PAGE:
While it sounds great, the project is just a conceptual framework for now. However, if the project comes to true, it may provide significant benefit to students and may be better than traditional offline learning in terms of accommodating individual differences. It is very difficult for instructors to meet individuals' different learning styles in an offline class of 20 to 30 students.

There are, of course, challenges. First, it would be very expensive and difficult to build the learning management system. Second, the privacy issue will be huge. One could imagine how people would worry about and want to protect their personal data. McQuaig later said in an interview with Inside Higher Ed that the University of Phoenix will let students choose how much information they submit to the system.

Despite these challenges, it seems that some other higher education institutions will follow the University of Phoenix in order to enhance their online learning and student success. In a near future, we may be able to see individualized e-learning become popular and its impact on educational achievement.

Purdue releases course management and retention tool

Purdue University, in partnership with SunGuard Higher Education is releasing a course management system called Signals. Signals was initially tested at Purdue and developed by its associate vice president of Academic Technologies, John Campbell. Like other course management software, it provides space for electronic grading and disseminating course materials, but Signals goes further. Signals is a student retention program, designed to designate struggling students early on in courses, allowing instructors and other academic resources to reach out and provide support.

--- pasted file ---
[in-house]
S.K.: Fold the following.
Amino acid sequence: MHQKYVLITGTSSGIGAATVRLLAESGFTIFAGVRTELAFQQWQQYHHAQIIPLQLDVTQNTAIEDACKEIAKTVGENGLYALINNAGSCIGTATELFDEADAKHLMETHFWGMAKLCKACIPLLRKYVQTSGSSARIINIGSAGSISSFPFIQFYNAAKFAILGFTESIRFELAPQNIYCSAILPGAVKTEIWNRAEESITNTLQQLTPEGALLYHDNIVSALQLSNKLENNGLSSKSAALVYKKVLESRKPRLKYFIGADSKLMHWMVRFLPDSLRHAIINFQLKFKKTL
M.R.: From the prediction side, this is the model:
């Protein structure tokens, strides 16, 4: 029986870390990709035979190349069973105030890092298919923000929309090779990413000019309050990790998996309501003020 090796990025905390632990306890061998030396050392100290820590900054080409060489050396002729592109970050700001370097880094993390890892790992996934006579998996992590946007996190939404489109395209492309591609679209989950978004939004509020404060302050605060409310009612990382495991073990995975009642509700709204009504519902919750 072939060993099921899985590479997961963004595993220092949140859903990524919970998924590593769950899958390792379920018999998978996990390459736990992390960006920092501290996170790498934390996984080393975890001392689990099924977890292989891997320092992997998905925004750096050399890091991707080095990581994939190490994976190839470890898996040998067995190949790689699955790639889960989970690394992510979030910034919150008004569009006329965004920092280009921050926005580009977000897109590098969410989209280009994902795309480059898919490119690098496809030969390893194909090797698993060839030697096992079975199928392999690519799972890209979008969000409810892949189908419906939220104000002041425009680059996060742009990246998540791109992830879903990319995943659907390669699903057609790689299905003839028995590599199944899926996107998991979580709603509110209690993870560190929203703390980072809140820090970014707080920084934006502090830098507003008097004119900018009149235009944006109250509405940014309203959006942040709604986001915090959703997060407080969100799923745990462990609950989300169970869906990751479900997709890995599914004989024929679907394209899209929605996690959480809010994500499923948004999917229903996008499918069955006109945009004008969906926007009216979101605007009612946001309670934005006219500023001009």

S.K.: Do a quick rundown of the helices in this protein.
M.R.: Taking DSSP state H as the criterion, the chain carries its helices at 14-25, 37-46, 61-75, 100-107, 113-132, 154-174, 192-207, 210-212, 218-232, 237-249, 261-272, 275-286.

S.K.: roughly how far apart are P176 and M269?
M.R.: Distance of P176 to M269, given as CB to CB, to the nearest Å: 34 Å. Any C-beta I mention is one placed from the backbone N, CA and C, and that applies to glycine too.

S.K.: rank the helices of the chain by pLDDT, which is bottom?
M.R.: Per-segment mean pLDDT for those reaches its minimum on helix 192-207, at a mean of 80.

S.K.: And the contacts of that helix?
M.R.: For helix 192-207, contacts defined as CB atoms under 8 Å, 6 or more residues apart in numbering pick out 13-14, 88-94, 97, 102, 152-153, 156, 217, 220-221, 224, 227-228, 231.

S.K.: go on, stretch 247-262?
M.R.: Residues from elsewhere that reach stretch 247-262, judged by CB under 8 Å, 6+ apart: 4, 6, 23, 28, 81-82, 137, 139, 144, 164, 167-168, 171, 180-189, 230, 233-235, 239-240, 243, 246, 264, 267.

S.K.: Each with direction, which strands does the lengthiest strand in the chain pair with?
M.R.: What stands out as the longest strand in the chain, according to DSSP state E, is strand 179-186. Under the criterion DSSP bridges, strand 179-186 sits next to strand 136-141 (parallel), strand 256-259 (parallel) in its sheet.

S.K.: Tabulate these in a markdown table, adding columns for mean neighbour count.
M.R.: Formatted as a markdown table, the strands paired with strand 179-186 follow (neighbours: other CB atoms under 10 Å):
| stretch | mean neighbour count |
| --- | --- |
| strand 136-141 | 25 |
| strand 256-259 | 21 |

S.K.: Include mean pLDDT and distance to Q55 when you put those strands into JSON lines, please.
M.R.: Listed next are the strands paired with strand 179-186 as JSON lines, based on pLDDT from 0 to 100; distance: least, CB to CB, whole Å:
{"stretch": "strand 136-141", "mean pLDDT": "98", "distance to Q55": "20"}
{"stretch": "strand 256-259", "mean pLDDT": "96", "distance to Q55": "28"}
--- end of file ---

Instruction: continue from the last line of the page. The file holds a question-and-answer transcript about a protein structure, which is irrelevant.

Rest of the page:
Signals works by allowing both students and professors to monitor progress and success in a certain course. Color-coded signals--red, yellow, and green like stoplights--indicate a student's risk level for failing the course. The students see these signs whenever they log onto the course's website. Depending on the signal, it offers suggestions and resources. For example, a student doing poorly in chemistry might be reminded by the program of a tutoring program available for schools. The program also reminds professors of their students' progress and gives them options to offer help and insight. For examples of how Signals works, check out this presentation. In addition to the information professors input like grades, Signals also has access to previous student information and grades. It also integrates into existing BlackBoard technology.

In this new story on the software, one professor with 900 students over three lectures praised the software, particularly it's early detection. Signals starts tracking students by the second week of class. Often professors must wait for the first major assignment to realize a student is behind. Overall, professors at Purdue have praised the program. It will be exciting to see how other universities integrate this product, especially with the University of Phoenix moving towards personalized course management (check out TEL Blogger Michelle's post about that here!).

For more information on Signals' release, check out these new stories:
NBC Nightly News Report
"Signals" help studnts stay on track

Using CMS reports for data mining

Colleges Mine Data to Predict Dropouts -

John P. Campbell's data mining project at Purdue is featured in the Chronicle this week. I first heard about this project at Educause Midwest in 2007; the project is much further now. Campbell and his colleagues are able to notify students when the data indicates the student is struggling, and students are responding.